It seems everyone is suddenly interested in how to turn a small,
two-bedroom terraced house into a cool, urban, Feng Shui-friendly dream
The Independent on Sunday realised this last year when it planned Gloss,
and last week saw the first of two editions to be launched in 1999.
The 36-page supplement covers everything that’s cool and hip in the
world of lifestyle interiors. As you would expect, the layout is clean
and bright but the minimalistic editorial approach left me somewhat
From the outset, it’s apparent that Gloss caters for the opulent reader
for whom money is no object. Stylish living doesn’t come cheap, it
seems, with embroidered pouffes costing pounds 225, velvet dressing
gowns at pounds 780, and a Faberge egg for which you must shell out
While I’m interested in design, the feature on Misha and Michael and
their post-modern Yo-Yo range of furniture - described as ’metro chic
with downtown attitude’ - left me amused rather than inspired.
There’s a fine line between cool design and pretentious twaddle, and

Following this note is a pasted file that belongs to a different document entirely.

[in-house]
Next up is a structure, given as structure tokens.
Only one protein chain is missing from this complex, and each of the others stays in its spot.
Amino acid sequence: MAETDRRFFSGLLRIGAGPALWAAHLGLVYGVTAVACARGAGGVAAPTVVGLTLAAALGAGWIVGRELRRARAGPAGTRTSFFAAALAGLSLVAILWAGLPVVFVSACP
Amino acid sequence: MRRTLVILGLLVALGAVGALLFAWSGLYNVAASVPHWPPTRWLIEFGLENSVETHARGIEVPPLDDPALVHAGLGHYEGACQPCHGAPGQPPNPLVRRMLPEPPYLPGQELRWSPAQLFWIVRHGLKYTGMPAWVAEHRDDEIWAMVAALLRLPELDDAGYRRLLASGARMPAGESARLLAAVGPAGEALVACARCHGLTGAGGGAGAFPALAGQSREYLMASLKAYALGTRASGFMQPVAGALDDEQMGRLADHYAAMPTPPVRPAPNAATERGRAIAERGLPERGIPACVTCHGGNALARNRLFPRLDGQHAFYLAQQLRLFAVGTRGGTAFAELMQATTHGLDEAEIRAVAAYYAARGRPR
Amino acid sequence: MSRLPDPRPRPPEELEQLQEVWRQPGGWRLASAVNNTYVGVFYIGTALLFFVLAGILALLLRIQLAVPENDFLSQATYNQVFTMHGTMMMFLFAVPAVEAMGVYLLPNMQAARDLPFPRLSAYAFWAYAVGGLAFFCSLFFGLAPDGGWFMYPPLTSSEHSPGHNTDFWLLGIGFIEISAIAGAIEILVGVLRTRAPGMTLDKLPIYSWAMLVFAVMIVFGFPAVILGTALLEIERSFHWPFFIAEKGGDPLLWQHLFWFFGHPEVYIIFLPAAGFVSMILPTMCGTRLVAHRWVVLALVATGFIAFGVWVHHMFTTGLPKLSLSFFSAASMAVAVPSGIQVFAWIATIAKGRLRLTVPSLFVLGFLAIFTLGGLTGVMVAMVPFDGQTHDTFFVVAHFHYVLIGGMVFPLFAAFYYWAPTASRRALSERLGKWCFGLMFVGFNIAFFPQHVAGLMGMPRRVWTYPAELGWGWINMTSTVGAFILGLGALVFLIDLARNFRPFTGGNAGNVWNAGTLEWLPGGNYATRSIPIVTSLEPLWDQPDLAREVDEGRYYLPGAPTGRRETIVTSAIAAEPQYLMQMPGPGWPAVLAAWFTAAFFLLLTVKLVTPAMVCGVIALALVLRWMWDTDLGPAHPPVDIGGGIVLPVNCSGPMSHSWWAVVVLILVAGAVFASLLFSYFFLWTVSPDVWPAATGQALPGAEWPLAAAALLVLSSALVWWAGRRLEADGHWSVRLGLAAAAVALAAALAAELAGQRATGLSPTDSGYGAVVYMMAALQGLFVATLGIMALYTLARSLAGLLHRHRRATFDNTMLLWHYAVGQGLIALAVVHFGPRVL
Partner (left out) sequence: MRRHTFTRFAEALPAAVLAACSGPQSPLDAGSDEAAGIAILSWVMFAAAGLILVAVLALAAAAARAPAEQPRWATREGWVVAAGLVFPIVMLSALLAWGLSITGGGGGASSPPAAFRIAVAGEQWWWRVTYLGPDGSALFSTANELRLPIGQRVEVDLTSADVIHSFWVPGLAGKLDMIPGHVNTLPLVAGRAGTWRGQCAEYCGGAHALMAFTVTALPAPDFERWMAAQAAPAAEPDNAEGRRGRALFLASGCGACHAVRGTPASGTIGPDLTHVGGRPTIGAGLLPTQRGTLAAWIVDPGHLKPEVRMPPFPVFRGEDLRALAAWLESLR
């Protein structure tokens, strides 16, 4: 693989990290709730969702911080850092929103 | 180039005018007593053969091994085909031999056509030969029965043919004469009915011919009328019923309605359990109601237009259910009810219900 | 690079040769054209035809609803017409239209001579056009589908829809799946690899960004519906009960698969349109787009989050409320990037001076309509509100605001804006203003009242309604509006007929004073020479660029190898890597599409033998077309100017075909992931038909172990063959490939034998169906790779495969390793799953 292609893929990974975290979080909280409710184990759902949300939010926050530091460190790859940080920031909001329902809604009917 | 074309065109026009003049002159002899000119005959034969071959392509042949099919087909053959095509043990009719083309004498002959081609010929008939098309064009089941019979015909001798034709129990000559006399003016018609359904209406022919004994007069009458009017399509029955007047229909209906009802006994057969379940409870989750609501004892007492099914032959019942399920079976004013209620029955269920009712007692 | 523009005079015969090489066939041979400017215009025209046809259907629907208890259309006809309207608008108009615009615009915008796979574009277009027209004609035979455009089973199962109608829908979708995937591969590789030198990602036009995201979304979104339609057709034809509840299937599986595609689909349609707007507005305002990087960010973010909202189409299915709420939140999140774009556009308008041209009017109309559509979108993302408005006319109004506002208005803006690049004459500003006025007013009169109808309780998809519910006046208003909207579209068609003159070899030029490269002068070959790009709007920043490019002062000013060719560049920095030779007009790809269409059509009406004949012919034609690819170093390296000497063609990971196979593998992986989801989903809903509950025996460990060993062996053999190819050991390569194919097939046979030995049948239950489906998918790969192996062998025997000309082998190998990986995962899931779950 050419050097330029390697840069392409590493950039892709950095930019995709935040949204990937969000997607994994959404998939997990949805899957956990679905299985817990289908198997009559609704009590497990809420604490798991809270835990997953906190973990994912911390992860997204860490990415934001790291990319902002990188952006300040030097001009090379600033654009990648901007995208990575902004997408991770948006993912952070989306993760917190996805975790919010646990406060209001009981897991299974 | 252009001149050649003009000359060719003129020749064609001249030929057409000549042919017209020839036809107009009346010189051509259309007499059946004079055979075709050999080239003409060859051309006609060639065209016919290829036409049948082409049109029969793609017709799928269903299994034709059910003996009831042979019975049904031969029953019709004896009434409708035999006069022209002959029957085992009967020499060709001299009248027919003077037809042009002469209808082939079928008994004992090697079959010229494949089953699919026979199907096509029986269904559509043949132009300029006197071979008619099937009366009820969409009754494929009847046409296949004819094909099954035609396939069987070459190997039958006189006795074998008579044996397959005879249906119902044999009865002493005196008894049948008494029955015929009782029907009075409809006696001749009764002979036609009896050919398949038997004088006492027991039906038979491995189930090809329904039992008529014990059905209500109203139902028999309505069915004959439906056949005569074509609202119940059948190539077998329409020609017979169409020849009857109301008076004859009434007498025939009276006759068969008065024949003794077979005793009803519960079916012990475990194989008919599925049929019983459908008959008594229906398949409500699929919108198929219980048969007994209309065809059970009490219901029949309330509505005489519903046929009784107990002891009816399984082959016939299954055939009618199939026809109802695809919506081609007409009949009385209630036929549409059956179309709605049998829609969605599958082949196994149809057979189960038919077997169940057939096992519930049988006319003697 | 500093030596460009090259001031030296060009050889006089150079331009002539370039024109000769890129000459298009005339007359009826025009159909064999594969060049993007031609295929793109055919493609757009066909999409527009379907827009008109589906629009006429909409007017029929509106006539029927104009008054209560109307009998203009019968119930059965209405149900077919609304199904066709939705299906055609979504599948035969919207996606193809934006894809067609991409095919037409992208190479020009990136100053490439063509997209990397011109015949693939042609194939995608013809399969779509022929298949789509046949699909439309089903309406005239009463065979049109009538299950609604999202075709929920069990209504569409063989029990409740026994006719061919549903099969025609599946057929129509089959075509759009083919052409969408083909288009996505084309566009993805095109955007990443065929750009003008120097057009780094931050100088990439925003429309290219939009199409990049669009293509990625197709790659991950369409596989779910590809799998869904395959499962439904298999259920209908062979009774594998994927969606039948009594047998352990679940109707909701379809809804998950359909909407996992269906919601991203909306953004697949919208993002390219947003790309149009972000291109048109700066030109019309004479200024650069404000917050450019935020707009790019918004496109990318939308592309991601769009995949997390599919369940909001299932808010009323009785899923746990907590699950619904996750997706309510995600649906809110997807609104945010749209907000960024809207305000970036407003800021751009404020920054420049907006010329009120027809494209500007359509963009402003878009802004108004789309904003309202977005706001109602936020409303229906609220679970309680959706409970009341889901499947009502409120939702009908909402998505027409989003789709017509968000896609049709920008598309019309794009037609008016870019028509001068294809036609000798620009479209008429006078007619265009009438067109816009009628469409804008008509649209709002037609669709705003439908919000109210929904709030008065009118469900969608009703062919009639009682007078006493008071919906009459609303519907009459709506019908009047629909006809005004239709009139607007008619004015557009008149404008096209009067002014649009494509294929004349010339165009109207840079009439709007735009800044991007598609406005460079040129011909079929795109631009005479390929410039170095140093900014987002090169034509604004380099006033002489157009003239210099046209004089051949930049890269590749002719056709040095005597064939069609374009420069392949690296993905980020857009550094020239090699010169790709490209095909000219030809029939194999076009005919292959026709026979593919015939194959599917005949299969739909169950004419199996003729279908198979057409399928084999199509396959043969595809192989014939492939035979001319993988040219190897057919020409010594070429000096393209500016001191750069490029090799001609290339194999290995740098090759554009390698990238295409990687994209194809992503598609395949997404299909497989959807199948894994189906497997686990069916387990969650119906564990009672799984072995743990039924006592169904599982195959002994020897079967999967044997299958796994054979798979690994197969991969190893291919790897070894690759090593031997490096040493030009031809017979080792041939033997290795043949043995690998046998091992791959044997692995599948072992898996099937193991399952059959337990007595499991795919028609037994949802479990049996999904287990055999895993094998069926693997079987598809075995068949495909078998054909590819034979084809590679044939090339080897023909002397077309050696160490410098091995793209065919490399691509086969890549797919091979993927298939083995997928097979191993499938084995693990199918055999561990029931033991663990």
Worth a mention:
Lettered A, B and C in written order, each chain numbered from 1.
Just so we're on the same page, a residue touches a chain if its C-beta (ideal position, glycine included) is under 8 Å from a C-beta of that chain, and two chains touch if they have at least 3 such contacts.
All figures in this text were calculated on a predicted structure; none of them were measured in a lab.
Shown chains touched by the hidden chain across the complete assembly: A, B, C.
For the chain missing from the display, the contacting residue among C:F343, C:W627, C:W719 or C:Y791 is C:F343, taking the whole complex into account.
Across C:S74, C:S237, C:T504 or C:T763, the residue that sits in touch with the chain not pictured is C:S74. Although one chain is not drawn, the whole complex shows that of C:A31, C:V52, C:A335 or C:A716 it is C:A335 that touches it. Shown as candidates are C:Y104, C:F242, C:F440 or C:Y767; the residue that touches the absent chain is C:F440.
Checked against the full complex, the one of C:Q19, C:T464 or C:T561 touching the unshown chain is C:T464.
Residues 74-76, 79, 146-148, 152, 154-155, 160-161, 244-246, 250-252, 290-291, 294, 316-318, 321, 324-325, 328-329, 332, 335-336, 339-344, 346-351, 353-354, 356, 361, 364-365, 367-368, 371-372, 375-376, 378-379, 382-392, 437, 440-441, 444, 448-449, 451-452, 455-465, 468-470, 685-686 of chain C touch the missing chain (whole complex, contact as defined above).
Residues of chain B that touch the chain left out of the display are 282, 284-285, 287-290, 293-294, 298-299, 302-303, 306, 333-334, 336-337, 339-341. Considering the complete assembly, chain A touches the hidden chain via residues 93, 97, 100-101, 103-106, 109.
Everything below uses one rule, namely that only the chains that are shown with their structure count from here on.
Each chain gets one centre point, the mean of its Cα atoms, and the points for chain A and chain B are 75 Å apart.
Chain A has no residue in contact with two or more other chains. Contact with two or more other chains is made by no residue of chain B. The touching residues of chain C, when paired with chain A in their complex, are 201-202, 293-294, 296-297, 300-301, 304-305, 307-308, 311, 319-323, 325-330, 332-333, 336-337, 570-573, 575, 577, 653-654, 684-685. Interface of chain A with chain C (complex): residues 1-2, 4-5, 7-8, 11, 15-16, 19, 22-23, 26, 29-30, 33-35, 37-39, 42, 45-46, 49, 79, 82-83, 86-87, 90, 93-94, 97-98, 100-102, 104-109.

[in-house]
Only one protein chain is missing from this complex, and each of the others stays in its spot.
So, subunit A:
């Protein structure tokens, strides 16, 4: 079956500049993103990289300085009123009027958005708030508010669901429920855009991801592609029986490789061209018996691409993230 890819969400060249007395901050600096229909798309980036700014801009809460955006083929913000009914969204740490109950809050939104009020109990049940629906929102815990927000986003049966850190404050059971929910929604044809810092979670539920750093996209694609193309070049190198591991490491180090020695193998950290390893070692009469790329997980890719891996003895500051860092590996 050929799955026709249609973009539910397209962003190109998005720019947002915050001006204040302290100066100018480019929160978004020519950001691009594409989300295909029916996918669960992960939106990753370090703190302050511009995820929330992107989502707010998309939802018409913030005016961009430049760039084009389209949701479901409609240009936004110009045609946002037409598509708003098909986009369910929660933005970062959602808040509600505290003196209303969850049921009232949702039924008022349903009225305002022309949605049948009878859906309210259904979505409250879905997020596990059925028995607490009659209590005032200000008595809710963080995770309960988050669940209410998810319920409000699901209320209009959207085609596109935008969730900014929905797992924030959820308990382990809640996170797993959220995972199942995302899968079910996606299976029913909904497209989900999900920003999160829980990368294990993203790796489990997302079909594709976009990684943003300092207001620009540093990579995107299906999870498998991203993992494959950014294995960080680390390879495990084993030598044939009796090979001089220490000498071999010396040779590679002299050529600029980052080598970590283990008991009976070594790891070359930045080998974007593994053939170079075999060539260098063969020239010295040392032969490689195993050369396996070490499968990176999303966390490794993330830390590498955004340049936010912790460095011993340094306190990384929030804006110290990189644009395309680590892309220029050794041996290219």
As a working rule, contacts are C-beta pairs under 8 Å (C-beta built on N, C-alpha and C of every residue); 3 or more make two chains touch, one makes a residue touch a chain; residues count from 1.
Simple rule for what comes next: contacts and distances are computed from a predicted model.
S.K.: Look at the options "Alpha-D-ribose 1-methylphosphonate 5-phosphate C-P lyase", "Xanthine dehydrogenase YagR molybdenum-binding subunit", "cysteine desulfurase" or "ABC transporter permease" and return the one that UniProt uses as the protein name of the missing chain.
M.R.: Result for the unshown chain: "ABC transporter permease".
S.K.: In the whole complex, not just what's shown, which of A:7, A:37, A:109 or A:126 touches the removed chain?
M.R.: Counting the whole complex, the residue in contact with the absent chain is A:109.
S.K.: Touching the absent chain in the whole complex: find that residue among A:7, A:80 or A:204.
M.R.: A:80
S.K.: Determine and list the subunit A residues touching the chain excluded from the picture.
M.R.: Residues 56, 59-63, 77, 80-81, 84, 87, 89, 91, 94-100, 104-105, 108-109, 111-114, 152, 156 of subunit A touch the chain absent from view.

this strayed dangerously close to the latter.
The magazine almost redeems itself with an interesting feature on
restoring a 1950s house to its former glory, coupled with short articles
on Glasgow’s design exhibitions and how to make the most of a small
However, I can’t help thinking that Gloss, which must be expensive to
produce, will add little to circulation or readership.
The supplement is published too infrequently to build loyalty and is too
lightweight editorially to drive one-off sales. It leaves me thinking
the money might be better spent on improving The Independent on Sunday
Steve Clark is a founding director of Motive Communications.